U.S. Pat. No. 6,106,639 describes a Cr—Ni—Cu steel, which can be reduced strongly between the annealings. In the exemplification it is indicated that a strength of 1856 MPa at a reduction of ε=3,41 (5,5 to 1 mm). This is compared with a specified strength according to the standard of 2050 MPa. According to U.S. Pat. No. 6,106,639, a heat treatment has to be performed to allow the alloy to attain strength values according to this standard. The alloy according to U.S. Pat. No. 6,106,639 contains copper as strength increasing element at heat treatment.
In U.S. Pat. No. 6,048,416, a Cr—Ni—Cu-steel intended for enhancement of vehicle tyres in the form of high-strength steel wire is described. In order to attain the desired properties, the alloy according to U.S. Pat. No. 6,048,416, must composition-wise be within a stability interval expressed by a so-called JM value (JM=551-462×(C %+N %)−9.2×Si %−20×Mn %−13.7×Cr %−29×(Ni %+Cu %)−18.5×Mo %), which should be greater than −55 but less than −30. In the alloy according to the invention, the cumulative logarithmic (ε=2*In(S0/Sf)) rate of reduction is limited to 4 as a maximum. This corresponds to a maximal area reduction at wire drawing of 98%. Besides copper, the alloy according to U.S. Pat. No. 6,048,416 contains no precipitation-hardening element.SUMMARY OF THE INVENTION
Therefore, it is an object of the present invention to provide a high strength, precipitation hardenable, austenitic stainless steel alloy containing a well-balanced amount of aluminium and a high silicon content, a product, which is reduced by cold-working, especially drawing, without an intermediate heat treatment, the strength of which increases by final heat treatment at 300° C. to 500° C. with not less than 14%, which shows shows a Md30-value of between −55 and −100, a loss of force that is lower than 3.0% at 1400 N during 24 hours and which is very suitable for use in spring applications, such as springs of round wire and strip steel and medical applications, such as surgical and dental instruments.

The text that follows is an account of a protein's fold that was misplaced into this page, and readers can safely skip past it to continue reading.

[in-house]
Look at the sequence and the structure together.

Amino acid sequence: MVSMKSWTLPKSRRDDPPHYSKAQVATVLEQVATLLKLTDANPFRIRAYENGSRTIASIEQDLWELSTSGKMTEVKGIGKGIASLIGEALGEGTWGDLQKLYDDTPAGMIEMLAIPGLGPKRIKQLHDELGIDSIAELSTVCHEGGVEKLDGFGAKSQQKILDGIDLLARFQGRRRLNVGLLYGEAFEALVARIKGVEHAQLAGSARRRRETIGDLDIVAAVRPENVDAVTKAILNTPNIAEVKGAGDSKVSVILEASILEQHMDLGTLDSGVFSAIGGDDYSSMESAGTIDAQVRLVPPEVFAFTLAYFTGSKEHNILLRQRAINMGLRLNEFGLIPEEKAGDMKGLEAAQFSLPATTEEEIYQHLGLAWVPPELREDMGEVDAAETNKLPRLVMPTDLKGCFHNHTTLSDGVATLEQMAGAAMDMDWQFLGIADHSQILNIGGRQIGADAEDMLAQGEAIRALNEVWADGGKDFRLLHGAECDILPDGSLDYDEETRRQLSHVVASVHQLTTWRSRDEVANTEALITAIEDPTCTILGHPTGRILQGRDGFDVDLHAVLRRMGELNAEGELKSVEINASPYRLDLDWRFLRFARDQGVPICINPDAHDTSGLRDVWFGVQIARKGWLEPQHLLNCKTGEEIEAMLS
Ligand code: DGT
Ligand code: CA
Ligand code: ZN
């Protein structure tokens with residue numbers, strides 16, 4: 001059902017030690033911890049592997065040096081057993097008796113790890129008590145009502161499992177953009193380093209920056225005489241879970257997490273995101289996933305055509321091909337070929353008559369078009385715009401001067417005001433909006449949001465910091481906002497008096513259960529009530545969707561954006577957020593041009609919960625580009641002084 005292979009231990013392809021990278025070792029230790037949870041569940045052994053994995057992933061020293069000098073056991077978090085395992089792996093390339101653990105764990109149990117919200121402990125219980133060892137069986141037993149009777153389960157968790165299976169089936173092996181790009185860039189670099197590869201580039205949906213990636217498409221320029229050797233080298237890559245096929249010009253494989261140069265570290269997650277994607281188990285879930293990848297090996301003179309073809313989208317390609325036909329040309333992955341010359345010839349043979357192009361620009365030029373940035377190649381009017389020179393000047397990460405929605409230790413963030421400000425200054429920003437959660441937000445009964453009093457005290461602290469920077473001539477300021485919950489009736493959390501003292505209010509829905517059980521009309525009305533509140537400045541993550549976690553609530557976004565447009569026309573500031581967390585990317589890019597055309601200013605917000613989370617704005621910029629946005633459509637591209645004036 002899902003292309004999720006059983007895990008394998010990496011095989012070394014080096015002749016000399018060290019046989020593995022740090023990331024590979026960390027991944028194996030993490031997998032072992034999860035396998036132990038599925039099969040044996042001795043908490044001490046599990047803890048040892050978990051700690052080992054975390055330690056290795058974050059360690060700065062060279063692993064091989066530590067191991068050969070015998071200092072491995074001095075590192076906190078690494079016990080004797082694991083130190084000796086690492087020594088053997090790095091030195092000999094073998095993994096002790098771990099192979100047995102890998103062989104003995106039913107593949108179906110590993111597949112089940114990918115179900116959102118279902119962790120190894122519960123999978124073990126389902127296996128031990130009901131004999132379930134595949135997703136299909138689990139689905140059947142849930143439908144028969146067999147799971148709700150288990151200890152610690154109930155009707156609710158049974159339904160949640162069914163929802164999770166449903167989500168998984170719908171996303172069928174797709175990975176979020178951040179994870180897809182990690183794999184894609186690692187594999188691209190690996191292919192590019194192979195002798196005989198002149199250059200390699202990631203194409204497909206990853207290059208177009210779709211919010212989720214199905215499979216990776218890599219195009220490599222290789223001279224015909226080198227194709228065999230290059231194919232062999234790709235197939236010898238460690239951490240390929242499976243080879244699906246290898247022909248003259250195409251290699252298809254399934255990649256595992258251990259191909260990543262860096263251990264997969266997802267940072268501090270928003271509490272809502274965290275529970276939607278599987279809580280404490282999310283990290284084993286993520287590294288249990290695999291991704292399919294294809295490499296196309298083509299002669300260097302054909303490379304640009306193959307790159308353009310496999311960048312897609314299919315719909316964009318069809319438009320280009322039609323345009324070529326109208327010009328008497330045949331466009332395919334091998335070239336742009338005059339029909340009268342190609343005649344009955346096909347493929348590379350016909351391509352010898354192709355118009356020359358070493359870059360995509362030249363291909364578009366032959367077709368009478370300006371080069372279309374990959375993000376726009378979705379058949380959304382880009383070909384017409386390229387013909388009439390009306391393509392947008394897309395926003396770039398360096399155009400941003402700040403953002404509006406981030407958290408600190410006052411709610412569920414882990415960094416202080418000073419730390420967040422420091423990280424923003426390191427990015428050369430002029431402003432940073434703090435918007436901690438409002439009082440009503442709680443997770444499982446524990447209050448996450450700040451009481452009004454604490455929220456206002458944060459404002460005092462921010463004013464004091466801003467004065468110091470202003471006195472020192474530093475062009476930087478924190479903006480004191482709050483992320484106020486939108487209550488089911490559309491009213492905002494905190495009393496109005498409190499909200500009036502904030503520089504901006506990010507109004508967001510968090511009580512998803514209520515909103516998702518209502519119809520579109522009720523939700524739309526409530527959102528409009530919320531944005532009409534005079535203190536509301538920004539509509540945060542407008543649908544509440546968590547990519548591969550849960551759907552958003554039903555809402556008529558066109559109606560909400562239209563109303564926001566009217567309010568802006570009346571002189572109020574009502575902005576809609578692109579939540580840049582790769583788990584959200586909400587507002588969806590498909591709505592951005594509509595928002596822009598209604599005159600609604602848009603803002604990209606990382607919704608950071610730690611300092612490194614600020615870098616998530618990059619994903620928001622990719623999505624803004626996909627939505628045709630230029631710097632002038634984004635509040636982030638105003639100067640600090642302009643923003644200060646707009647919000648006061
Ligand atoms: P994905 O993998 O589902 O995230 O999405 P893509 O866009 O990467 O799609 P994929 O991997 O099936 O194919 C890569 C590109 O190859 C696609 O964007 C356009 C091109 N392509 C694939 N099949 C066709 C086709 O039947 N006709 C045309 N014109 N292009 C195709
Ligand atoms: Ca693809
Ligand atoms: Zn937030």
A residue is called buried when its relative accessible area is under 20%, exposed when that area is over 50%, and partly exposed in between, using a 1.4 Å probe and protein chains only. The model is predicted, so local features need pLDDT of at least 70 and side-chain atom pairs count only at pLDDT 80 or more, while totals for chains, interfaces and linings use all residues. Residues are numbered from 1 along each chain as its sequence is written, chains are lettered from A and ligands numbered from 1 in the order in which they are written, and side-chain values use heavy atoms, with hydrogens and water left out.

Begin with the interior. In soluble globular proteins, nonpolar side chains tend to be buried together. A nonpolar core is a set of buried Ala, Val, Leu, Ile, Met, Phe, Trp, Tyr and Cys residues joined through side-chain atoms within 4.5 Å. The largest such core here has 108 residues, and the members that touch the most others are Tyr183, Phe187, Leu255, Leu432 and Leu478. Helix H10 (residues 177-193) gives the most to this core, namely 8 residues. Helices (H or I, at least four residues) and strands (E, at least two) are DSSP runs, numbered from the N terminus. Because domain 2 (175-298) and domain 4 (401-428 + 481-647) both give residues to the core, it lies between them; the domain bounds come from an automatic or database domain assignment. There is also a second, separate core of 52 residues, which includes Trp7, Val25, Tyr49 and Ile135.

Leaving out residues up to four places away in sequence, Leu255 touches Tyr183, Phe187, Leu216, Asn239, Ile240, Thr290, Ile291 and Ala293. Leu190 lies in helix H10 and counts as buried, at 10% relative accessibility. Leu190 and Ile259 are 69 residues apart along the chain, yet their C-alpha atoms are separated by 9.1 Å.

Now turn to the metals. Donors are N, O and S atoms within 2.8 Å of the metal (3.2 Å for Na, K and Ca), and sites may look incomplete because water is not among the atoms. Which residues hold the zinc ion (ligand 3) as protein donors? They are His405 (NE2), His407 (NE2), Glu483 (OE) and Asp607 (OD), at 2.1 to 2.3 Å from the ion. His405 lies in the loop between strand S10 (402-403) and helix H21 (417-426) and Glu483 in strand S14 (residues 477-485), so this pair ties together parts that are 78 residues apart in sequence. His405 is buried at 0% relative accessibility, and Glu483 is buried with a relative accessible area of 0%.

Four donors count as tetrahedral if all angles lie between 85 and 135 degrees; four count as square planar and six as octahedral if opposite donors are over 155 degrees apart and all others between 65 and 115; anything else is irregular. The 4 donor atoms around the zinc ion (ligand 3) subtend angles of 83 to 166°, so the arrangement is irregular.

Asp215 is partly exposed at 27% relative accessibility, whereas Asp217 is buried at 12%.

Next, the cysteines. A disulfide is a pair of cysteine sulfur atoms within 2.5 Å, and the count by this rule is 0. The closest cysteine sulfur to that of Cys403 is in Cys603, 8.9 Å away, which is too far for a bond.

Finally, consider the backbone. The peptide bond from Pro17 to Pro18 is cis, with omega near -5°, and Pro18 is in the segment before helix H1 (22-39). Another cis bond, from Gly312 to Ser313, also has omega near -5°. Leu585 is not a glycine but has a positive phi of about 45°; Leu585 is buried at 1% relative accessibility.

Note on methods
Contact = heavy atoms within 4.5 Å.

According to the present invention, these objects are attained by a high-strength, precipitation hardenable, austenitic stainless steel alloy, which contains (in weight-%):
Balance Fe and normally occurring impurities and additives.
The importance of the alloying elements for the present alloy is as follows:
Carbon (C) has a high propensity to combine with chromium which means that chromium carbides is precipitated in the crystal grain boundaries, whereby the surrounding the bulk is depleted of chromium. Thus, at high carbon contents the corrosion properties of the material deteriorate, problems also arise with embrittlement that foremost causes problem when the wire is shaped to springs. Therefore, the carbon content should be held at as low a level as possible, being more than 0.0 weight-% , but maximum 0.07 weight-% , preferably 0.05 weight-% , most preferably maximum 0.035 weight-%.
Silicon (Si) has a ferrite-stabilising effect, which entails that too a high silicon content produces a two-phase structure. Therefore, the silicon content should not exceed 3.0 weight-% . However, silicon is also favourable in that it contributes to a greater increase of strength at heat treatment of the cold-worked product. Therefore, the silicon content should not be lower than 0,5 weight-% and should be in the range of 0.5 to 3.0 weight-% , preferably. between 0.5 and 2.5 weight-% , most preferably 0.5 to 1.5 weight-%.
Nitrogen (N) is an alloying element that together with aluminium forms non-disirable brittle slags in the form of aluminium nitrides. Further, nitrogen increases the deformation-hardening at cold-working, which is a disadvantage in the present invention. Therefore, it is of highest importance that the nitrogen content is held on as low a level as possible, maximum 0.1 weight-% , preferably 0.05 weight-%.